06 June 2018 | News
New research analyzes the association of preoperative blood sugar levels with an increased risk of wound complications and deep infection
Singapore- More than 16 million people in the United States are affected by diabetes, a metabolic condition resulting in high blood sugar levels. A new research article published in the June 1, 2018 issue of the Journal of the American Academy of Orthopaedic Surgeons (JAAOS), examines how levels of hemoglobin A1c (HbA1c), affects the risk for postoperative wound complications and deep infection after shoulder replacement in patients with diabetes. HbA1c levels reflect the control of blood sugar.
"While diabetes has been strongly associated with an increased risk of wound complications and postoperative infection after total hip and knee arthroplasty, it has not been routinely associated with higher rates of infection after shoulder replacement," says lead study author and resident orthopaedic surgeon Jourdan M. Cancienne, MD. "With the number of shoulder replacements in patients with diabetes expected to increase, as well as the costly consequences of wound complications and infection, it is of high clinical significance to determine if these patients are at an increased risk for infectious complications postoperatively."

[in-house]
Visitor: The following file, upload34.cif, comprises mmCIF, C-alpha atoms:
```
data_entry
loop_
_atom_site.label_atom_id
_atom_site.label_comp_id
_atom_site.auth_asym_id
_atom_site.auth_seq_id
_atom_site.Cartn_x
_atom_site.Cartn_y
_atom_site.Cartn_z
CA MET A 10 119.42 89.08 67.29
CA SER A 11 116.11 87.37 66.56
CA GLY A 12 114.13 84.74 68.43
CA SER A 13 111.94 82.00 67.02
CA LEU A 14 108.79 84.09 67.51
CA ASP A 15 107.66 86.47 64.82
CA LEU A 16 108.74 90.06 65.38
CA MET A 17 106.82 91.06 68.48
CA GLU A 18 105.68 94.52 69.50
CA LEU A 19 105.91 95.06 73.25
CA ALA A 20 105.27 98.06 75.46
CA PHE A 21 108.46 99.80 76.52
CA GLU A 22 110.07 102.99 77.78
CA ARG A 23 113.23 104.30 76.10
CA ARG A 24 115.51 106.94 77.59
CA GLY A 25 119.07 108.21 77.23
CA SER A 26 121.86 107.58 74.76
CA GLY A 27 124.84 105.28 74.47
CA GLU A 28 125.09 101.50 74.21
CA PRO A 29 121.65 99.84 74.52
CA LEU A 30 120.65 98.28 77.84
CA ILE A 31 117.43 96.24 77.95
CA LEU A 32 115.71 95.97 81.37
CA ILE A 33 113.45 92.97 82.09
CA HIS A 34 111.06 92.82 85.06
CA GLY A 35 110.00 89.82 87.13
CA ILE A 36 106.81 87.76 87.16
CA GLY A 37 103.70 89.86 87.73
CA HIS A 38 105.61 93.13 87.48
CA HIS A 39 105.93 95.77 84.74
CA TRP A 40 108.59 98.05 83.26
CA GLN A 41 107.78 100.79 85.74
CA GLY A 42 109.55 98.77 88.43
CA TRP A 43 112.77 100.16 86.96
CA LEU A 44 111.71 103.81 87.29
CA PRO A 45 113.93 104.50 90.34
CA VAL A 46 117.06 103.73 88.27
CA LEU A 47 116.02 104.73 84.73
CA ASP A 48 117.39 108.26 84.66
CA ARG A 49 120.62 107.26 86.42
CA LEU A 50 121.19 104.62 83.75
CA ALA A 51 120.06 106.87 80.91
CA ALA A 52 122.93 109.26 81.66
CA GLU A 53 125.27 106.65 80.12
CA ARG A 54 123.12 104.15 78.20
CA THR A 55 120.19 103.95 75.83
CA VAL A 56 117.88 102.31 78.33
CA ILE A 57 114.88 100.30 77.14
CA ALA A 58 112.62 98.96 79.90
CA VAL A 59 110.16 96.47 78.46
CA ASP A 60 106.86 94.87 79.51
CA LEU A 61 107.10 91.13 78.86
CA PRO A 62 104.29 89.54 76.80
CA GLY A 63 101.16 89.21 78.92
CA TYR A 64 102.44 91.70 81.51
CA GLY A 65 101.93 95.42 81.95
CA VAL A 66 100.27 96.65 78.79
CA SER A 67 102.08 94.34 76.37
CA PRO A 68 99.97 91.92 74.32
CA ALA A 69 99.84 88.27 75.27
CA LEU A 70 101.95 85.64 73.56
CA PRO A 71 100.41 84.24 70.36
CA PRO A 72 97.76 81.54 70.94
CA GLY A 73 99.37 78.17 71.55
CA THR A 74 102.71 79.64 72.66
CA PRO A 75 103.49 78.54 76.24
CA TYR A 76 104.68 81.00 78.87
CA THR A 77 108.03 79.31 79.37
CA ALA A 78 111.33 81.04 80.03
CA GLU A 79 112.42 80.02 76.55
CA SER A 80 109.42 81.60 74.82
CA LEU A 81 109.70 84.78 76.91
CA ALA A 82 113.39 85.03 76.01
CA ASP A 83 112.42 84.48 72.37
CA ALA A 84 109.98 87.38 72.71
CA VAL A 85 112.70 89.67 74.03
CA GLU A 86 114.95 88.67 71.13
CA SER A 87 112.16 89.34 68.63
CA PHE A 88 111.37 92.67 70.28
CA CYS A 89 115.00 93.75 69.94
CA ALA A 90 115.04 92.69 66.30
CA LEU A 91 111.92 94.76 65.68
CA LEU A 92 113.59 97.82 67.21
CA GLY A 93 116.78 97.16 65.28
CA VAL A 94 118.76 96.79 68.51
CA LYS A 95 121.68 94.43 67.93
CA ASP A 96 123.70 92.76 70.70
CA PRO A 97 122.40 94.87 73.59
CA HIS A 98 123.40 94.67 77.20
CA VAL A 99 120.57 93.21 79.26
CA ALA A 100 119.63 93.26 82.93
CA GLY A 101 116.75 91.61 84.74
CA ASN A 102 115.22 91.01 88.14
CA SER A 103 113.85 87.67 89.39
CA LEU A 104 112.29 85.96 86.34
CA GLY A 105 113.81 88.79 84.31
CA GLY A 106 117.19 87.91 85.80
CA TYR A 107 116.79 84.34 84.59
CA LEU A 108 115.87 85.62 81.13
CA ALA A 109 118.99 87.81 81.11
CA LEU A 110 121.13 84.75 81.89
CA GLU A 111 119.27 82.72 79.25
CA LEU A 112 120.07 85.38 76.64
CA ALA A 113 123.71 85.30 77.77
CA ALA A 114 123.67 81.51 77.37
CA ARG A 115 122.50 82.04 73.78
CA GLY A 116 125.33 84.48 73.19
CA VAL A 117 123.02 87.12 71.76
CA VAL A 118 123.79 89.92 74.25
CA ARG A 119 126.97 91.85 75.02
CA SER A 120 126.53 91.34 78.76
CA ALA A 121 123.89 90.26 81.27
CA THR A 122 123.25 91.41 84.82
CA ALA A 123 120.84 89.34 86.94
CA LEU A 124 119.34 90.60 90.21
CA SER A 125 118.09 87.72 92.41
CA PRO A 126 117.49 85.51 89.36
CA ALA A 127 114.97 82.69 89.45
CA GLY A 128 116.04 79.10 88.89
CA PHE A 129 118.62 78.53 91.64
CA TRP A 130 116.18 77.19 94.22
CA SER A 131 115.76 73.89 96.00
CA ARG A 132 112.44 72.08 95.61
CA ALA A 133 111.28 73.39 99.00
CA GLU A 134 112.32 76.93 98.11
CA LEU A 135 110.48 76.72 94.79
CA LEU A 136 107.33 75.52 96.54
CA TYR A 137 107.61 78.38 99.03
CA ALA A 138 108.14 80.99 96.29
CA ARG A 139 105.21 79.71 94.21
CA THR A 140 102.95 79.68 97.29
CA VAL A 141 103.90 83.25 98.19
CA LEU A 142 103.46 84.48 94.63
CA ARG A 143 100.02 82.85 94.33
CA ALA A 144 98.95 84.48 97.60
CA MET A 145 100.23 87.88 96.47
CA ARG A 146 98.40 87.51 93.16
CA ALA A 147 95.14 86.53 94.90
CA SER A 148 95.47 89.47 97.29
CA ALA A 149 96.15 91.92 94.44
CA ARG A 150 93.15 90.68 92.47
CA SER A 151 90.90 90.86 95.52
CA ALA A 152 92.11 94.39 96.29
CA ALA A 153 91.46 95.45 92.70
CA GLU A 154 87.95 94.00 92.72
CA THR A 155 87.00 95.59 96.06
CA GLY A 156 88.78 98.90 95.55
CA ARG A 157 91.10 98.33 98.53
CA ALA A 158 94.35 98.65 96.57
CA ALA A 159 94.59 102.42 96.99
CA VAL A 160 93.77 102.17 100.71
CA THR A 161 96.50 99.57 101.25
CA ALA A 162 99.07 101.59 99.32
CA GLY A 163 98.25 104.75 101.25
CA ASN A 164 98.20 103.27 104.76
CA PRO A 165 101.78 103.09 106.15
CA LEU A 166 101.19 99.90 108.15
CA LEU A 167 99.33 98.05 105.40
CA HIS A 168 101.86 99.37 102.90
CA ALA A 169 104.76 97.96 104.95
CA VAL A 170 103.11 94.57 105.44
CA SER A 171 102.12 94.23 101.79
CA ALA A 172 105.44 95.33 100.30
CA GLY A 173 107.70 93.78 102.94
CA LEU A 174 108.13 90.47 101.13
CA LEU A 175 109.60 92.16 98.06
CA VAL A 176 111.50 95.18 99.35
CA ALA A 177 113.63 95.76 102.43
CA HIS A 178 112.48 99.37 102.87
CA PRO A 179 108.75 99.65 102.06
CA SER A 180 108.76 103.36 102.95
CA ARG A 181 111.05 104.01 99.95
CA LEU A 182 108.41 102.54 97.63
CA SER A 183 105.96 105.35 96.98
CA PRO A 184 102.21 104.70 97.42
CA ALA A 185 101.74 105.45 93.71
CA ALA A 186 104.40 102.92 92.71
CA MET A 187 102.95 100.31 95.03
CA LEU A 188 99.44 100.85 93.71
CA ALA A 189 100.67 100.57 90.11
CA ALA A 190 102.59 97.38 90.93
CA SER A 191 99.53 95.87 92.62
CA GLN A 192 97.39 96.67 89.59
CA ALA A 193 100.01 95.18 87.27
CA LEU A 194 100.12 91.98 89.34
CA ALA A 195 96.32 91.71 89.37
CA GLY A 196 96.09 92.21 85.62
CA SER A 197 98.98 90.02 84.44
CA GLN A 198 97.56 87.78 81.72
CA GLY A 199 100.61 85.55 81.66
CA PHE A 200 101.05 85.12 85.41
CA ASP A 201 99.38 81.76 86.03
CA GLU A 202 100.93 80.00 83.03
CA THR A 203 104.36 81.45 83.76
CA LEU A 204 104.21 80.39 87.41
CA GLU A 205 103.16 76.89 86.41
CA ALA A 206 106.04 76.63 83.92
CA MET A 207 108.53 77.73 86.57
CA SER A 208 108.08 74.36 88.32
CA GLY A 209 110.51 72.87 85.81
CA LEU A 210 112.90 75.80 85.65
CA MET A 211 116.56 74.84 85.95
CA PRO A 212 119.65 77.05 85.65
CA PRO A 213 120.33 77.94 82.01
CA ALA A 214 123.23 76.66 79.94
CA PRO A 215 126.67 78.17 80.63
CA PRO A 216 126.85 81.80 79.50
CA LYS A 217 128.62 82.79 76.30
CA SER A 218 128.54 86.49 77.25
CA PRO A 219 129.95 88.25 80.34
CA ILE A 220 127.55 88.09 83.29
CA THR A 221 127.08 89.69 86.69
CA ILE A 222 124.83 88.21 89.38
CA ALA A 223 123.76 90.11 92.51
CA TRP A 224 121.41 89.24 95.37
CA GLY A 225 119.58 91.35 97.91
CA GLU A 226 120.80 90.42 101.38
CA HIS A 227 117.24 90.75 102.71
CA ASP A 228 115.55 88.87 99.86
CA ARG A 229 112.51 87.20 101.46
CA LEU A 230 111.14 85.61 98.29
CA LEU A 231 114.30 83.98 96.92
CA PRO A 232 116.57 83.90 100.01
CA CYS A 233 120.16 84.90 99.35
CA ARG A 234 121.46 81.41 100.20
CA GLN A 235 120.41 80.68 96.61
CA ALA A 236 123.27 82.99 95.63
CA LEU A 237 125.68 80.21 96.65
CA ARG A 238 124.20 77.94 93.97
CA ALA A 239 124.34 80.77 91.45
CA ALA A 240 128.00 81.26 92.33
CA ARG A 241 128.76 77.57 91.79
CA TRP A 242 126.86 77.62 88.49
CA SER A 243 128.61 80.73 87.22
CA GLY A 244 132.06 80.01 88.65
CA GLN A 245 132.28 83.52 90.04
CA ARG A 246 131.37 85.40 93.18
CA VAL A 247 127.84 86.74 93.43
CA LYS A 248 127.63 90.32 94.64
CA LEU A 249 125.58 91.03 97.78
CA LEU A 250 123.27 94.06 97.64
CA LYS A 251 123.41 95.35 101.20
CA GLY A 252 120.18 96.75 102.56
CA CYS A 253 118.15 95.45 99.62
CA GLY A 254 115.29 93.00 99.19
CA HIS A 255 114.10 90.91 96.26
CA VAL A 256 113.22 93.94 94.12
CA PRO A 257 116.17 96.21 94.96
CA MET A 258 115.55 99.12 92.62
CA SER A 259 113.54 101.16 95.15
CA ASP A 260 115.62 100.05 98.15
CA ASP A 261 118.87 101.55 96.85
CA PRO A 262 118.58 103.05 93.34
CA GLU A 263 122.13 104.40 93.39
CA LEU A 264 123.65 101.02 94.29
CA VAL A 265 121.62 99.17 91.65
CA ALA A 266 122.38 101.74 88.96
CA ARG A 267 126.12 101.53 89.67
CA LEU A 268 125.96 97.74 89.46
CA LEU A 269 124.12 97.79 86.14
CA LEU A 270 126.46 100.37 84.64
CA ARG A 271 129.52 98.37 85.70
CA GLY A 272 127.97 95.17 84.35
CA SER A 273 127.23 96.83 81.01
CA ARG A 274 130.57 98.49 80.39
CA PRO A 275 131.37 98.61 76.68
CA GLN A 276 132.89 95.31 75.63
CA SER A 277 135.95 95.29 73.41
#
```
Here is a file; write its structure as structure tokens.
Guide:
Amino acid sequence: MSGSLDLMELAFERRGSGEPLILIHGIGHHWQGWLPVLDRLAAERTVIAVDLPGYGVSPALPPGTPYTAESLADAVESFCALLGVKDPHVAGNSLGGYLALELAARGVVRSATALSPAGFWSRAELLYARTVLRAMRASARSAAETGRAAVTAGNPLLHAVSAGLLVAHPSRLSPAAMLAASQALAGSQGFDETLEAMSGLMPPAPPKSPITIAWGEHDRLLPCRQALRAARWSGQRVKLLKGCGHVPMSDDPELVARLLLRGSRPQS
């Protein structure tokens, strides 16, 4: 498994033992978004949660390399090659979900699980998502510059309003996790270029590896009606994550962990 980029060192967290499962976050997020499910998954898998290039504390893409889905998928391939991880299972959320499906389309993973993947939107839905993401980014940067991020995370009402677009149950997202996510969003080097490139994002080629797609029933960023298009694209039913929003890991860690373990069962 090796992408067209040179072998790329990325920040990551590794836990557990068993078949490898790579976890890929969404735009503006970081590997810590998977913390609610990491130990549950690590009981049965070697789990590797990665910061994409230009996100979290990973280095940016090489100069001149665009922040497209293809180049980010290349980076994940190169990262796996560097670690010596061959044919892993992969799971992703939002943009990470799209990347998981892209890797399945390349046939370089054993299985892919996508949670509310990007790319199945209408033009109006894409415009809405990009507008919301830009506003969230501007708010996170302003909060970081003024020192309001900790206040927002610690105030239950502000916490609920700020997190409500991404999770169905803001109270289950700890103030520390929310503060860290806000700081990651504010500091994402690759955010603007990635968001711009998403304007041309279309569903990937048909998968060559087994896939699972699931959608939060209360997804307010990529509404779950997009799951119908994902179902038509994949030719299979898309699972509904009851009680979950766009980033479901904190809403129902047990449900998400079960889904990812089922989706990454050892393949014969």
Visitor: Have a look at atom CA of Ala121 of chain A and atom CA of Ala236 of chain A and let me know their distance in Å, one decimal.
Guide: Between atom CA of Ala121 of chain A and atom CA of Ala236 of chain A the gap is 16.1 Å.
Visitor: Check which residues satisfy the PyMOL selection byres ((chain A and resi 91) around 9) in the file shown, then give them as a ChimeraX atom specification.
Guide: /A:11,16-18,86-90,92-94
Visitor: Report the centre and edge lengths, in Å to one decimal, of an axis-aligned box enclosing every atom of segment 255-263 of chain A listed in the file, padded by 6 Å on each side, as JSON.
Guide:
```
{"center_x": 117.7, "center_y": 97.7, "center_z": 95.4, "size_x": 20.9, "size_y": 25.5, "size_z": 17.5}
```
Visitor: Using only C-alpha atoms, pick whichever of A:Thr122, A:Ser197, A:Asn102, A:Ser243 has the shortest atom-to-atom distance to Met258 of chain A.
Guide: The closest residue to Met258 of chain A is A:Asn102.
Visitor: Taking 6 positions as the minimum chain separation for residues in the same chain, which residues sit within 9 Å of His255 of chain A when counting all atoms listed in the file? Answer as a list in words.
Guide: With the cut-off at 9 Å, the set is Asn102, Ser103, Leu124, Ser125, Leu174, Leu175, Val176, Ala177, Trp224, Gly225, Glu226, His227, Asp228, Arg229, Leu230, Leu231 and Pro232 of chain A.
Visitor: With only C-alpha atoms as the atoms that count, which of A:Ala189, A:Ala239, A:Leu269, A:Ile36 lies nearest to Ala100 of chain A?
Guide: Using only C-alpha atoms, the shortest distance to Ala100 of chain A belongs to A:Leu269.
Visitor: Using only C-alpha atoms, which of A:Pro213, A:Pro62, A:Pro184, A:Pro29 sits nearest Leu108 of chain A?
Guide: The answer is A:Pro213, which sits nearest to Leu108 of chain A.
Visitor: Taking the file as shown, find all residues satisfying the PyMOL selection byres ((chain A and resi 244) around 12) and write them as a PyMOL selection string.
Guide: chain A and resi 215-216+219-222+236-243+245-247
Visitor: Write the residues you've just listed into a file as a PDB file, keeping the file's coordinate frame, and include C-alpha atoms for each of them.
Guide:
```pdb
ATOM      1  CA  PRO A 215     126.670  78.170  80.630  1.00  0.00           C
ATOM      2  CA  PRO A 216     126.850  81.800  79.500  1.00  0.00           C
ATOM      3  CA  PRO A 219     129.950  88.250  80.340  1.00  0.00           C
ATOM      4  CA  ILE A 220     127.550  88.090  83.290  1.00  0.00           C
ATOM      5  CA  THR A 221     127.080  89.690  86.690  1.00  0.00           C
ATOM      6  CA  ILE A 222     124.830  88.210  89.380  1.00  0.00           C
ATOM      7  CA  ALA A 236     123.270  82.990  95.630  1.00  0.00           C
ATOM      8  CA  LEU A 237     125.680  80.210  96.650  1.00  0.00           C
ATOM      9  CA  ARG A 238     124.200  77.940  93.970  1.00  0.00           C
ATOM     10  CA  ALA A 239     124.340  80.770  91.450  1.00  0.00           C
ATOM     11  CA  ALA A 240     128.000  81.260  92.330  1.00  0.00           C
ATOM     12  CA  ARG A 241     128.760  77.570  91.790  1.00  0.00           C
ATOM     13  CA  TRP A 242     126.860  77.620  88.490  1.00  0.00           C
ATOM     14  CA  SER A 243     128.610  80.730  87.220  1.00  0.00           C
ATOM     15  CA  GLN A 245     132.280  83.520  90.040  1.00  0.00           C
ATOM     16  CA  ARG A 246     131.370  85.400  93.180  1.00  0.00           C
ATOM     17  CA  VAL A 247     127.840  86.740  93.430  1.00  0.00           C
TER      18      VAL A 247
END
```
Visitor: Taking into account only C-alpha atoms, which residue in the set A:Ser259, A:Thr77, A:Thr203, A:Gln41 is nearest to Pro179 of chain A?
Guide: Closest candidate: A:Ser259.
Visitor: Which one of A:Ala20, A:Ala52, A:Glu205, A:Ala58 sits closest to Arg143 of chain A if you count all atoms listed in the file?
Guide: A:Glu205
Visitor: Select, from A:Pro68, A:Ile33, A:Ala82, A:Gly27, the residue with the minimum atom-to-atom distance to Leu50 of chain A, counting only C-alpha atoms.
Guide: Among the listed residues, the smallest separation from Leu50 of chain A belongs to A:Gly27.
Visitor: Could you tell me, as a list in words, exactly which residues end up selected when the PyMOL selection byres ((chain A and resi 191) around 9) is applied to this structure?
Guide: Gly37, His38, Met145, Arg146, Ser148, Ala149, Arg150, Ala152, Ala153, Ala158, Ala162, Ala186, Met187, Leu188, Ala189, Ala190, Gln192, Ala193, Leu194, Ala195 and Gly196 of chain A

According to the research article, there were several limitations to this study, including the use of HbA1c levels as an indicator of blood sugar measurement, as these tests could be inaccurate in patients with other conditions affecting the blood. Additionally, the study used a large administrative database, which relies on the quality of the data and accuracy of the coding entered.